Faculty of Arts
Department of Philosophy
PHIL 420/522: Metalogic/Topics in Logic
— Winter term (2015/16)
Classical propositional and quantificational logics have a long history spanning more than a century. The elements of classical logic are studied in courses such as PHIL 120 and PHIL 220. (The latter is a prerequisite for this course, which can be waived in certain cases.)
This course takes a more rigorous approach to first-order logic. Proof systems — including axiomatic calculi — are introduced for propositional as well as for quantified classical logic. Semantical interpretations are defined formally, which give rise to precise notions of truth and validity, as well as of semantic consequence. Of course, once we have separated the proof-theoretical and the model-theoretical sides of first-order logic, we have to scrutinize their relationship. This course focuses on metalogic: we will prove metatheorems, such as the core theorems stating the soundness and the completeness of the axiomatic formulations, as well as, other principal results, for example, the compactness theorem and the downward and upward Löwenheim–Skolem theorems.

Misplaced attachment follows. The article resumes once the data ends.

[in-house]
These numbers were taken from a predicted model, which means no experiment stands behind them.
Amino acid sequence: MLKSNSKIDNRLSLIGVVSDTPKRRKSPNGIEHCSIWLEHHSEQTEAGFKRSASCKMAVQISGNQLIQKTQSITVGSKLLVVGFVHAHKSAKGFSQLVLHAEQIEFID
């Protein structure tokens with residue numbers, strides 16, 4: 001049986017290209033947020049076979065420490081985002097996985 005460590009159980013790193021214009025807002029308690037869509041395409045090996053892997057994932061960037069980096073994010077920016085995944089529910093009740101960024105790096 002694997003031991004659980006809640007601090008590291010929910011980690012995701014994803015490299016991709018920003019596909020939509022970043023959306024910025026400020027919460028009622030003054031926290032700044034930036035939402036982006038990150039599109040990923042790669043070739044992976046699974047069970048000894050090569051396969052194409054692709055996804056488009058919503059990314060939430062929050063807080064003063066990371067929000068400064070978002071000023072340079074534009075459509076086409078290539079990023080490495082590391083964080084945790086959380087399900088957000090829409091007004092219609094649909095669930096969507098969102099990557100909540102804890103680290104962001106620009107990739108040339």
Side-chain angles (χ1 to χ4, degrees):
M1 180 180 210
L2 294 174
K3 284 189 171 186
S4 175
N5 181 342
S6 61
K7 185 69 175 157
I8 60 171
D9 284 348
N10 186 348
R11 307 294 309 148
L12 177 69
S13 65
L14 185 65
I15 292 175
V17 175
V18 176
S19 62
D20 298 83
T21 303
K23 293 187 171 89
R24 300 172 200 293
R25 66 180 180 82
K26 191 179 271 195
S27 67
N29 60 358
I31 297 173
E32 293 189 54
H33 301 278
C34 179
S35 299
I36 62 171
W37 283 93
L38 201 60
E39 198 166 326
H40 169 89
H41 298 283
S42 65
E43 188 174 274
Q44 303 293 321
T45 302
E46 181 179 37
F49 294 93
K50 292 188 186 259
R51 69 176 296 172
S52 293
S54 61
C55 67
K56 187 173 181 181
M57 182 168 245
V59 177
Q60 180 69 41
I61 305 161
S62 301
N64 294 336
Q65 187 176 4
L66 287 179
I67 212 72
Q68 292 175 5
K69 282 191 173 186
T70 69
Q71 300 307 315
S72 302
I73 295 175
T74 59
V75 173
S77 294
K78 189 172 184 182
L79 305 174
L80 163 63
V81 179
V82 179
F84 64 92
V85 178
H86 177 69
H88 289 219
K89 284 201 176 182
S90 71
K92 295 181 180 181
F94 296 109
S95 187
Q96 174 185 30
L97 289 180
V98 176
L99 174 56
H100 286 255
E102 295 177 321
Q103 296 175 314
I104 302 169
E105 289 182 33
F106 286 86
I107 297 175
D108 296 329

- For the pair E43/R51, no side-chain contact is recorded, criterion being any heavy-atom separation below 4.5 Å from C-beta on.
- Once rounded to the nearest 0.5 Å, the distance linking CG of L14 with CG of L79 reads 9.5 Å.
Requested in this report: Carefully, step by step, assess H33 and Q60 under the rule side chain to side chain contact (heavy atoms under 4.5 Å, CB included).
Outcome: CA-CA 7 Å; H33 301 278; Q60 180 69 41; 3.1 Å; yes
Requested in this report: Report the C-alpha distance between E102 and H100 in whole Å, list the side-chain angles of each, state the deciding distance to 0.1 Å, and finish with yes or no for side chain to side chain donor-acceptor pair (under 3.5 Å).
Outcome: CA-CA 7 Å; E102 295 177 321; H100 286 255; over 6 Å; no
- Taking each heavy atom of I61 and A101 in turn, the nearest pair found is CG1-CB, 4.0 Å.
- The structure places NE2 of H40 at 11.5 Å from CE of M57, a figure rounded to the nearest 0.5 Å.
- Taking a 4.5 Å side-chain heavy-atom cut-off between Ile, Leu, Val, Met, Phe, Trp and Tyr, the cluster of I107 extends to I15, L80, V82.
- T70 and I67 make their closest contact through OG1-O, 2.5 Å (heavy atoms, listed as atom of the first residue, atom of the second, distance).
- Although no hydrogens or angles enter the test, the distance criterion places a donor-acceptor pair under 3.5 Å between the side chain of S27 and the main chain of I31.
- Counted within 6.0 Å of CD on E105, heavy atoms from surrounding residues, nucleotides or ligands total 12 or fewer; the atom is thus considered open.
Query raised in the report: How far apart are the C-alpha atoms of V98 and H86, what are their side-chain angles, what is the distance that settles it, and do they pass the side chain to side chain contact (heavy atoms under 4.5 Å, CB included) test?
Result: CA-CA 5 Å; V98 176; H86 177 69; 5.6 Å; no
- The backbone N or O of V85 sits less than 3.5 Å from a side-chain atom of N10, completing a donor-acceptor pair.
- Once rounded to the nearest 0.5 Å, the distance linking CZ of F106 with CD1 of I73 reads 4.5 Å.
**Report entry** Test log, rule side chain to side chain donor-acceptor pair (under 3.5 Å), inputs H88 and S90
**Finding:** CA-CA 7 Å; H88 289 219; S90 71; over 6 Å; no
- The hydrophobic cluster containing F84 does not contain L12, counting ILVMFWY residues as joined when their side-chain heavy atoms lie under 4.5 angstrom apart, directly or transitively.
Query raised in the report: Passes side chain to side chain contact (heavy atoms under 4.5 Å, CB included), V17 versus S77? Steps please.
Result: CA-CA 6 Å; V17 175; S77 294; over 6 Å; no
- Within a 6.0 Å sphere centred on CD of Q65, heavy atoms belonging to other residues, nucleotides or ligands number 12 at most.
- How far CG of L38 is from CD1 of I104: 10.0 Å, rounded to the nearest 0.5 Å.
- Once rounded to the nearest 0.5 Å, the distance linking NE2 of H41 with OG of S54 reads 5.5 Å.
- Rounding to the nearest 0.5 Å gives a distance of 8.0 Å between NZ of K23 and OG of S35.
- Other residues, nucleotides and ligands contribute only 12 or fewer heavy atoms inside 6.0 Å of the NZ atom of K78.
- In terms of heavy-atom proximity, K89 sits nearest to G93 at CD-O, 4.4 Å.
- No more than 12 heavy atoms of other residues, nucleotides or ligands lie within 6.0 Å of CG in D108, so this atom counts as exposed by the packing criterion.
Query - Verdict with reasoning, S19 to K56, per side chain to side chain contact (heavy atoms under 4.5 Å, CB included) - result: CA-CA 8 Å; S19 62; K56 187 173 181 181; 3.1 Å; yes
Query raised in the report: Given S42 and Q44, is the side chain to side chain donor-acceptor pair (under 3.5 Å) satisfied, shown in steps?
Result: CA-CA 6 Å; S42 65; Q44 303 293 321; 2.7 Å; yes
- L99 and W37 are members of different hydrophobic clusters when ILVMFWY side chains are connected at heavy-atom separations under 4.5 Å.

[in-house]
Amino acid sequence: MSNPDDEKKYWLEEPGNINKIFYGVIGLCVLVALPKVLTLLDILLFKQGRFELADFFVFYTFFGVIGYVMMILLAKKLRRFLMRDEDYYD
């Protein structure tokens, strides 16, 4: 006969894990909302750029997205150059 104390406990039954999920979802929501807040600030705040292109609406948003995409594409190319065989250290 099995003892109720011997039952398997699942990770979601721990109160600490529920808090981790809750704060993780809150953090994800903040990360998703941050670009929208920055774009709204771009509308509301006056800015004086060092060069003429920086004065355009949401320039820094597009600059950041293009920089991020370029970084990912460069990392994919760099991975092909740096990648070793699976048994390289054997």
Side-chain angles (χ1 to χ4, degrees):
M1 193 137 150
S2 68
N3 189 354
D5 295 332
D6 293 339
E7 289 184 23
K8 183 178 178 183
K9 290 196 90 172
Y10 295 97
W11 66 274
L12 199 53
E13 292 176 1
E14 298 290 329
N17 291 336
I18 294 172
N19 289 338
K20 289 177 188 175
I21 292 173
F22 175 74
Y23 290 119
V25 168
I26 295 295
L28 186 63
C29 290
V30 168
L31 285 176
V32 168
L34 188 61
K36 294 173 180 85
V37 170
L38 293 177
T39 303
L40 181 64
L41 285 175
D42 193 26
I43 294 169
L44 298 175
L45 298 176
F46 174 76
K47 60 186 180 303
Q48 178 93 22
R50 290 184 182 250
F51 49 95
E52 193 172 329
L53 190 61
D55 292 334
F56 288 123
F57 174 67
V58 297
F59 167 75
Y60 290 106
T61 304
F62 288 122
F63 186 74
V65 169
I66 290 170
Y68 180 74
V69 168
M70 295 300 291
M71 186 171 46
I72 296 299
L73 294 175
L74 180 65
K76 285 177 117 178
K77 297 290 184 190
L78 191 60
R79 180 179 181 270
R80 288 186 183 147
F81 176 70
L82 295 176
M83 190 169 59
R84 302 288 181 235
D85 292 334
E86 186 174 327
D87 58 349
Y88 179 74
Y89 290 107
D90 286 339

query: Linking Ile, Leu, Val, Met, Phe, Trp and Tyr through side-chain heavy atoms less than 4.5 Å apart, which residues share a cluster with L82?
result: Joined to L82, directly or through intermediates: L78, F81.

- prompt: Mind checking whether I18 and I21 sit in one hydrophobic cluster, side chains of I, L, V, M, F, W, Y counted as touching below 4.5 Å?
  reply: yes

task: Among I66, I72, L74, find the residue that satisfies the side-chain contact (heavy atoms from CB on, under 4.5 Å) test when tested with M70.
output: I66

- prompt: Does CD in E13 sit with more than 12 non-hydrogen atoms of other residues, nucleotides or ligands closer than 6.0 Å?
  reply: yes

Classical first-order logic is an important and widely applied logic. However, it is not the only logic that is used in philosophy, mathematics, computer science and other disciplines. In order to better understand first-order logic itself, we briefly look at one or two more logics that are obtained via straightforward modifications of some of the assumptions of classical first-order logic.
M, W, F 15:00 pm – 15:50 pm
Texts: Mendelson, E., Introduction to Mathematical Logic, 5th (or 6th) ed., CRC Press, Boca Raton, 2010 (or forthcoming). (required)
Some further text will be provided in class.
For further information, please contact the instructor at
The (official) course outline is available in the e-classroom during the course.
[Last updated on March 23th, 2015.]